If humanistic moralism is an effective tool in this sense, then it may be that I would live the better life if I adopted the humanistic moralist perspective. Further, it seems to me that there are other effects of adopting a humanistic moralist perspective that are quite desirable. One of the most valuable, I think, is the attitude of self-worth that comes along with it. It is quite easy to slip from "I have no worth" to "I am worthless," which is problematic for much the same reason as slipping from "The cup is empty" to "There is emptiness in that cup." It's no good to think of oneself as "worthless," and a great way to protect against feeling this way is to think of oneself as "having worth."
Another benefit of adopting the humanistic moralist perspective is the capacity to experience irrational feelings of attachment to people (i.e., in loving relationships and loyal friendships) that would be inaccessible to someone consistently and consciously adopting an egoistic mindset. Where conscious egoism would suggest the virtue of constant personal cost-benefit analysis, it seems to me that we can have better, happier, healthier relationships if we don't constantly evaluate things in this way, and if we instead allow ourselves to slip into a humanistic moralist mindset.
Also beneficial is the mindset which enables me to live in a world full of valuable individuals who are worthy of respect and love, rather than a world full of creatures who can do cool stuff. The same is true of the mindset which allows me to speak to "normal people" without having to translate back and forth between manners of speaking.
If these points are legitimate -- if there are considerable and potentially irreplacable benefits to being a humanistic moralist -- then it could be incompatible with the tenets of the anti-humanistic moral nihilist's egoism for me to adopt anti-humanistic moral nihilistic egoism. In other words, consciously adopting egoism personally would commit me to saying that "I ought to believe that I should do whatever is best for me, even if believing that I should do whatever is best for me would not be best for me." This, I think, would be clearly ridiculous. Accordingly, to the extent that I am capable of maintaining the humanistic moralist perspective, it might be reasonable for me to do so.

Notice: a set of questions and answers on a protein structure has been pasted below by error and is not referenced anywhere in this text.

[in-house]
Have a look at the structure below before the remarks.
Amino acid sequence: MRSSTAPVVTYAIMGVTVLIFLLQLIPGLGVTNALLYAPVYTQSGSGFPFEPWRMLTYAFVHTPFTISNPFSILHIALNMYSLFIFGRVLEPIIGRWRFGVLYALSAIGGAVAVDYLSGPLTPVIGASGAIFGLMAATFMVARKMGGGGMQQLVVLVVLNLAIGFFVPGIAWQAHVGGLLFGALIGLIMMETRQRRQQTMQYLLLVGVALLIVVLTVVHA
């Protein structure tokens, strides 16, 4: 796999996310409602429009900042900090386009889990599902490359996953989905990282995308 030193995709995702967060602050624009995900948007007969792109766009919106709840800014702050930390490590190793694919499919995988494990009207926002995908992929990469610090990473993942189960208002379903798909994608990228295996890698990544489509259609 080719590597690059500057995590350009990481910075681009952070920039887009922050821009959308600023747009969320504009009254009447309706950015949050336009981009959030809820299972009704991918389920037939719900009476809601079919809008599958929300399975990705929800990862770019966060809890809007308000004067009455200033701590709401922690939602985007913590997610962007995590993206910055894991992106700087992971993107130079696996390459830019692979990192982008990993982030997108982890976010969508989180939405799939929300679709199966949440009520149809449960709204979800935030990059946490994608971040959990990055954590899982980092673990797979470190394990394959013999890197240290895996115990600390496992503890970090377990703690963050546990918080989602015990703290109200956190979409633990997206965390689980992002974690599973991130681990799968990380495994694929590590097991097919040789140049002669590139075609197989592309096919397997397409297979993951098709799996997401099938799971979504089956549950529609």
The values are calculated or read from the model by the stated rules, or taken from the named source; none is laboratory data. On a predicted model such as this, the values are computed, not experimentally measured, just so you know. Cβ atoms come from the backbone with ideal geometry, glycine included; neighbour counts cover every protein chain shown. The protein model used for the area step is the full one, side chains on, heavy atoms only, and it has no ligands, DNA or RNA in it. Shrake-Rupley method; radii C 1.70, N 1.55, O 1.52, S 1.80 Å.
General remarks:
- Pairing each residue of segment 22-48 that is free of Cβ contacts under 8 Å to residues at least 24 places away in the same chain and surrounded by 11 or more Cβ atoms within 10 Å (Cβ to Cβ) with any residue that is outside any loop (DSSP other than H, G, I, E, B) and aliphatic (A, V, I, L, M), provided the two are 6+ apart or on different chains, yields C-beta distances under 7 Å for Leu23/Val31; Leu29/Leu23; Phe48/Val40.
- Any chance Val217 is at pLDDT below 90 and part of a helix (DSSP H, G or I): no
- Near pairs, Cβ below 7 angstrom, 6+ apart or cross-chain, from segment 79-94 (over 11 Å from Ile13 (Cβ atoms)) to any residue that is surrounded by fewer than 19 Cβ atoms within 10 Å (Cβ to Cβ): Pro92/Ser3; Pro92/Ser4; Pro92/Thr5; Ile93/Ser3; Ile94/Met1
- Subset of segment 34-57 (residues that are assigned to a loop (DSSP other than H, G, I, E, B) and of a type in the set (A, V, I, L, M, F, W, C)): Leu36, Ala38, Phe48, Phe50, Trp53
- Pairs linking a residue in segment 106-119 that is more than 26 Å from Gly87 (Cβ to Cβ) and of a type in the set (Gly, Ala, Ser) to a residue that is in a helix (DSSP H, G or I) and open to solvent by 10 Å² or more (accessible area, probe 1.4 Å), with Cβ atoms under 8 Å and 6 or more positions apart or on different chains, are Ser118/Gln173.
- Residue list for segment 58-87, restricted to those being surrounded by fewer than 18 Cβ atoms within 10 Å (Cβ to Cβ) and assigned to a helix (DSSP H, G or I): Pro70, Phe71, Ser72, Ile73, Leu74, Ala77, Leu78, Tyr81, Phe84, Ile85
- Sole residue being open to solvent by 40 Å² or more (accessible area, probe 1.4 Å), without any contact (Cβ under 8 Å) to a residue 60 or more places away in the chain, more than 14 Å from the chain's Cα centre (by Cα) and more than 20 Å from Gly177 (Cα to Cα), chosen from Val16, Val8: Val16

And luckily, I am quite capable of doing this. I am here reminded of something that Hume says in section VII of A Treatise of Human Nature:
Most fortunately it happens, that since reason is incapable of dispelling these clouds, nature herself suffices to that purpose, and cures me of this philosophical melancholy and delirium, either by relaxing this bent of mind, or by some avocation, and lively impression of my senses, which obliterate all these chimeras. I dine, I play a game of back-gammon, I converse, and am merry with my friends; and when after three or four hours' amusement, I wou'd return to these speculations, they appear so cold, and strain'd, and ridiculous, that I cannot find it in my heart to enter into them any farther.
And so, after laboring to show why anti-humanistic moral nihilism is a reasonable and compelling position for Vichy, I hope to have made it equally clear why I don't believe it to be a reasonable position for me to adopt for myself. Perhaps it will frustrate some people that I am choosing to adopt such blatant fictionalism, but I defy them to come up with any reason that I shouldn't which wouldn't immediately flip around into a reason that I should.